Action - Explore the bodily integrity framework
The action outlined below will help achieve this outcome. This work was started under the existing Disability Action Plan.
7. Priority: Reduce barriers to disabled people making decisions to determine their own lives
7 B: Explore the framework that protects the bodily integrity of disabled children and disabled adults against non-therapeutic medical procedures, including the issue of consent. This action will focus initially on options to protect against non-therapeutic sterilisation without the fully informed consent of the individual.
On this page
- Context: brief background, what is this action intended to achieve?
- Proposed scope
- Timeframes for completion
- What resources will the lead and partners contribute?
- Contributors/partners with lead – who is involved in this action?
- Reporting – key milestones/deliverables
- Impact – what are we trying to achieve?
- Evidence base
- Related work
Status: Minor risks to achieving milestones- Orange
This project has experienced significant delays due to on-going resourcing issues, competing work priorities, and the change of government.
Two new staff members are now in place to progress the work.
Membership of the Project Reference Group is being finalised.
The first meeting with the Project Reference Group is on 11 July 2018.
The work is likely to focus on non-therapeutic sterilisation, with the scope of the work will be agreed with the Project Reference Group at the first meeting. A reviewed or revised scope and revised schedule will be developed once the scope review is complete.
Revised scope to be approved
The scope was originally agreed by DPOs and approved at the 10 June 2016 meeting of the Chief Executives’ Group on Disability Issues and Disabled People’s Organisations.
Given delays to starting the project the scope and focus of the work will be reviewed and agreed with the Project Reference Group, prior to confirmation being sought from DPOs at the next available opportunity.
Reference group Terms of Reference drafted and agreed and reference group set up (end June 2016) [request to be delayed until the new scope and schedule is approved]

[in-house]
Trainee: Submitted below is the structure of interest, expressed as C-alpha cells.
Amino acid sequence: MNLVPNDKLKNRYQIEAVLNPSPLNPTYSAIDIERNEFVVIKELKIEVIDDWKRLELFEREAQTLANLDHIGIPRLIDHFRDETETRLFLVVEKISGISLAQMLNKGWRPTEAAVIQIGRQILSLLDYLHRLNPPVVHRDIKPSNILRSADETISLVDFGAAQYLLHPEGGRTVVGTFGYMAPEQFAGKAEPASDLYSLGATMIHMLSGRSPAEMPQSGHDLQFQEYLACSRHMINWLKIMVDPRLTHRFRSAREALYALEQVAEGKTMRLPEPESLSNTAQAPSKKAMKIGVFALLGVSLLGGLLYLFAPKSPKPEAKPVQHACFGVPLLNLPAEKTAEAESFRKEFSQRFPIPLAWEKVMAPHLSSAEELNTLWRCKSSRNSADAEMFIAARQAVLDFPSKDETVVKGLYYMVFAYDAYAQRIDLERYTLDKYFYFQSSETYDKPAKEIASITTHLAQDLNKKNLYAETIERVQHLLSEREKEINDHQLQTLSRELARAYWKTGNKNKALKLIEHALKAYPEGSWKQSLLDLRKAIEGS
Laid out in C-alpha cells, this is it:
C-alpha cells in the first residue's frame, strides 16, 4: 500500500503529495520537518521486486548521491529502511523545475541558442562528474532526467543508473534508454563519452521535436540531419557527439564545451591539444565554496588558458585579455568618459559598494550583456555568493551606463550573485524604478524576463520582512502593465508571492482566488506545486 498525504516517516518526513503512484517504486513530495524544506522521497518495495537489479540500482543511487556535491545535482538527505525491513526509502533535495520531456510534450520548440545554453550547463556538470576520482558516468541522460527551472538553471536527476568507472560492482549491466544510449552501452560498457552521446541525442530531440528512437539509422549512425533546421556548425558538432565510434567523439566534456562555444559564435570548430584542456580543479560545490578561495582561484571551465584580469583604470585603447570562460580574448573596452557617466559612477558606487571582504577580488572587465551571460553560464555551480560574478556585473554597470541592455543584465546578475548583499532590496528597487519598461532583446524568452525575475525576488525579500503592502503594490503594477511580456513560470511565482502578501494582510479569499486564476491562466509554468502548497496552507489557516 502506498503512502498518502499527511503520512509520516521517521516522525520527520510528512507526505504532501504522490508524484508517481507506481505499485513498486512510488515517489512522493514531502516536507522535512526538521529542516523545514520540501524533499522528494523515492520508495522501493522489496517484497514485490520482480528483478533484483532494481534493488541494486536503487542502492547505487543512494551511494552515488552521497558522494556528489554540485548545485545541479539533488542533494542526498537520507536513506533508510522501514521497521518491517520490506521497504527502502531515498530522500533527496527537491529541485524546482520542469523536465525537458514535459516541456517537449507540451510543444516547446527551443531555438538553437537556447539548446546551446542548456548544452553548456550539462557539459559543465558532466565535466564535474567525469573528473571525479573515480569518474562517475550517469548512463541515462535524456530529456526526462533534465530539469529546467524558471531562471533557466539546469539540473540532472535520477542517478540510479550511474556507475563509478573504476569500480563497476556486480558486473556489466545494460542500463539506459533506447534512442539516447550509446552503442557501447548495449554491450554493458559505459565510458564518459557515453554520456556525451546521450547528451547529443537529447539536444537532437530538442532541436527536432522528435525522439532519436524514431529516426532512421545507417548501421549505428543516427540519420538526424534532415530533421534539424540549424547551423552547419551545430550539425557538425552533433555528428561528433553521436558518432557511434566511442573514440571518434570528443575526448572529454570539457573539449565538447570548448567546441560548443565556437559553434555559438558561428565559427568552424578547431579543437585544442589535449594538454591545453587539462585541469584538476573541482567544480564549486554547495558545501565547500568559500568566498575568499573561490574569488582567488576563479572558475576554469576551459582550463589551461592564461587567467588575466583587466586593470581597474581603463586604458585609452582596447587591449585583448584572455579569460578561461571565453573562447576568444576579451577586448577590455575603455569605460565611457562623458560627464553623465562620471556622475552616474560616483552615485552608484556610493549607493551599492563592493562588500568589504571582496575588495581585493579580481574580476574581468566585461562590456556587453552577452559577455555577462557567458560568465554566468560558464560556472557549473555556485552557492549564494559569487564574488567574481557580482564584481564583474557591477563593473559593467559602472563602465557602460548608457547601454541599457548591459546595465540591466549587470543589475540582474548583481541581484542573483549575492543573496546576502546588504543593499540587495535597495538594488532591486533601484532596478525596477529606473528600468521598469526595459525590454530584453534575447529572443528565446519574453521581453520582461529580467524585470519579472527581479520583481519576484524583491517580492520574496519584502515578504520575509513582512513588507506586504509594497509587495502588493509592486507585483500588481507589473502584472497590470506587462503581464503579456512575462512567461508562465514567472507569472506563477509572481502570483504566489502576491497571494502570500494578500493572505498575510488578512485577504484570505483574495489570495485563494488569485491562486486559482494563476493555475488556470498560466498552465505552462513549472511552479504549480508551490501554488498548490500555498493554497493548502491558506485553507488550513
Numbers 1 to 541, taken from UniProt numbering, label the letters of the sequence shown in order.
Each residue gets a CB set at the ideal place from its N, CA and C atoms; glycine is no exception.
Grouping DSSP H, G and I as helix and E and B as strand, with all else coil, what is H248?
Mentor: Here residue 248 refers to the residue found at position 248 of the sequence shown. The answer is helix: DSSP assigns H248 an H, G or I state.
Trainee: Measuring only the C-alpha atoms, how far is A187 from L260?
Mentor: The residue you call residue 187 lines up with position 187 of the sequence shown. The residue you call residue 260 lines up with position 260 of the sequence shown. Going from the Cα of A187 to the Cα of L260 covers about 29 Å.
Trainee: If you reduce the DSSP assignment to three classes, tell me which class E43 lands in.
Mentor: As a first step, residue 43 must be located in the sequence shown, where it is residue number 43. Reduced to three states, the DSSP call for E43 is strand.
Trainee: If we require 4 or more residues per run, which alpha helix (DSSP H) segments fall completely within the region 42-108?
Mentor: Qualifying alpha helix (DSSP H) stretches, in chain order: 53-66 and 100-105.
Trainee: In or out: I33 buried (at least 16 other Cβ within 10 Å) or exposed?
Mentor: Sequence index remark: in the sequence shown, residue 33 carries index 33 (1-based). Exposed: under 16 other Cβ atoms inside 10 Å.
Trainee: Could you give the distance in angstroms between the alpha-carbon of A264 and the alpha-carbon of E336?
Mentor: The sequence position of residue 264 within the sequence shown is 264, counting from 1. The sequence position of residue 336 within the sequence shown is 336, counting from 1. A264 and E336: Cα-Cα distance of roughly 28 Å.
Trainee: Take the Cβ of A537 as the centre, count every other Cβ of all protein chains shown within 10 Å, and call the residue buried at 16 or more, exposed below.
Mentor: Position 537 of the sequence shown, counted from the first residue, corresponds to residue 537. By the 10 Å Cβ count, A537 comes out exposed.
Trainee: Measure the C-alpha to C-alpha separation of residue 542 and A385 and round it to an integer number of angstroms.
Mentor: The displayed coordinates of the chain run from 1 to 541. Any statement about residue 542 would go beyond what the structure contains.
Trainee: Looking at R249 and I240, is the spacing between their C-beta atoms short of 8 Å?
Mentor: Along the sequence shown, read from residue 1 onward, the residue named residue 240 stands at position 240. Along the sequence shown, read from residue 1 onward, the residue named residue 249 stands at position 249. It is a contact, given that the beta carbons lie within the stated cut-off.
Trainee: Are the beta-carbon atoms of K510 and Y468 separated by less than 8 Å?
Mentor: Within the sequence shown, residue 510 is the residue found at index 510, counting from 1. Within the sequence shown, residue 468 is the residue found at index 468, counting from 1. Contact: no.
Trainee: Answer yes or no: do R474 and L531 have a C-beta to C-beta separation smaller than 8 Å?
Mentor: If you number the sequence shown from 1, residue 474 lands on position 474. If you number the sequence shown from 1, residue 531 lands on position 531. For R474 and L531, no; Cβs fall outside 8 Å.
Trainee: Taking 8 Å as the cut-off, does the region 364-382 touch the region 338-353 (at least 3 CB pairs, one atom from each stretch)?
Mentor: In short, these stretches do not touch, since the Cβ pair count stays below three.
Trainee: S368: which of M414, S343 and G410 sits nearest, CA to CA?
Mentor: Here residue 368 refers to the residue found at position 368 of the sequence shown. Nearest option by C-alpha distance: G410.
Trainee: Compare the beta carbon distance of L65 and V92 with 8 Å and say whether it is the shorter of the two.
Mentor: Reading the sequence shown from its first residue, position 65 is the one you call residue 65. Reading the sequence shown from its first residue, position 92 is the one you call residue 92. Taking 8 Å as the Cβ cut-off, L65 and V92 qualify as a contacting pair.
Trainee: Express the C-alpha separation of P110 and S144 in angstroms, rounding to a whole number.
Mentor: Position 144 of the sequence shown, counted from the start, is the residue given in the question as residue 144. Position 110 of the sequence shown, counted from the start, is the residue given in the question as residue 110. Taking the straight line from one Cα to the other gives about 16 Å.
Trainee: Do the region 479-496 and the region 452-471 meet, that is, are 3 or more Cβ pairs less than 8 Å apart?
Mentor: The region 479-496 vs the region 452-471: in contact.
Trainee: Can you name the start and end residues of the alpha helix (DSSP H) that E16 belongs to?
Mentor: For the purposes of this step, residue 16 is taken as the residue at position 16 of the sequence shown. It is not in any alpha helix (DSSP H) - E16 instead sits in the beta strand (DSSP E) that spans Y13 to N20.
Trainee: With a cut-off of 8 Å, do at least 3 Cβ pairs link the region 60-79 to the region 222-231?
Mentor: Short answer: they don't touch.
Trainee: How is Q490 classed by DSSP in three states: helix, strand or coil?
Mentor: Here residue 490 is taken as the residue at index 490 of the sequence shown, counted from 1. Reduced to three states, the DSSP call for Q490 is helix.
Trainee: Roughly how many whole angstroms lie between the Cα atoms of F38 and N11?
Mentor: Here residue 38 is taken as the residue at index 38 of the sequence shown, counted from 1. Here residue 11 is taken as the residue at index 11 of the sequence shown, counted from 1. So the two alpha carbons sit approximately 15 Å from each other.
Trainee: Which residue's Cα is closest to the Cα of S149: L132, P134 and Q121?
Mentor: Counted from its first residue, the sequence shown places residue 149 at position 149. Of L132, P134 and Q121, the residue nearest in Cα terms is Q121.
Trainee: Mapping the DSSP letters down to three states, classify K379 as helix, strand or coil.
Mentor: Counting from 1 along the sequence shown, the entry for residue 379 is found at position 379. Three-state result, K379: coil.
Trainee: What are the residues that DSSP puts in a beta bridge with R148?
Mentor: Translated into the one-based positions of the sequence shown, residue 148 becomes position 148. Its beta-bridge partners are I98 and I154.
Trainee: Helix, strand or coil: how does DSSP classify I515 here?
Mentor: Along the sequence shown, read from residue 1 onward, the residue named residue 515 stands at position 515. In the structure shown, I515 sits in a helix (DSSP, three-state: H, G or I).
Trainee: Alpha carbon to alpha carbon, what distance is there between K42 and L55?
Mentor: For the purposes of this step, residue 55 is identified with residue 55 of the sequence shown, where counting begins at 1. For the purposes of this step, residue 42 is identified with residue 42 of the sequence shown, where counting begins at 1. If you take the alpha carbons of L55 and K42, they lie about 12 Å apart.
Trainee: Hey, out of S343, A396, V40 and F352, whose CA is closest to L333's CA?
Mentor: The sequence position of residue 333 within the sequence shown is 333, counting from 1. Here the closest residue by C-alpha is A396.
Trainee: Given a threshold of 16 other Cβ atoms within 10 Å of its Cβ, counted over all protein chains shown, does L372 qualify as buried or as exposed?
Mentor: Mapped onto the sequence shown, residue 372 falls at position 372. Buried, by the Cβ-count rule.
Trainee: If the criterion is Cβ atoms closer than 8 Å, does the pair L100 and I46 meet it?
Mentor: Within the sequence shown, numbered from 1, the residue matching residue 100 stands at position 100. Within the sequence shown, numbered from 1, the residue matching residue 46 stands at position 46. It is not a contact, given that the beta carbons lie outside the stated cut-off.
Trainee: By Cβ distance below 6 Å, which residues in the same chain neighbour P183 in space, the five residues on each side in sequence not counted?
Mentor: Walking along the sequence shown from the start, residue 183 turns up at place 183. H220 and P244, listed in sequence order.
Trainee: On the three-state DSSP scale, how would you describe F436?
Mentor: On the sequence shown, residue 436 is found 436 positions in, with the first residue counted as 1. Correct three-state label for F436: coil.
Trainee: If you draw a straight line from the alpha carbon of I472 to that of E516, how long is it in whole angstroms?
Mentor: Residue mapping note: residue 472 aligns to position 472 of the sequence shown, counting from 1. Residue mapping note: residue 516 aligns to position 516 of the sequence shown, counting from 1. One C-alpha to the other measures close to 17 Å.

Reference group almost set up and first meeting has been scheduled
- An initial Terms of Reference has been drafted.
- The drafted Terms of Reference will be discussed and confirmed at the first meeting of the Project Reference Group which is scheduled for 11 July 2018.
- Membership for the reference group is being finalised.
Test working definitions of key concepts for the project with the reference group (end July 2016) [To be tested with the reference group in July 2018]
- Having a shared understanding of key concepts underpinning bodily integrity, non-therapeutic medical procedures and consent is critical to the focus and success of the project.
- Testing working definitions will be on the agenda for the Project Reference Group to discuss at their first meeting in July 2018.
Develop a background paper (end October 2016) [Draft paper is being developed which will be shared once complete]
The scope and time frames for the paper will be tested at the first Project Reference Group meeting on 11 July 2018.
The paper is expected to outline the components of, and analyses the effectiveness of, the existing legislative and medico ethical framework (including issues of consent) in protecting the bodily integrity of disabled children and disabled adults against non-therapeutic medical procedures.
In preparing for the work, the Ministry of Health has drafted project information sheets, completed an initial problem definition, undertaken a data exercise to assess the availability of sterilisation data, commissioned a literature review and is undertaking a stakeholder analysis.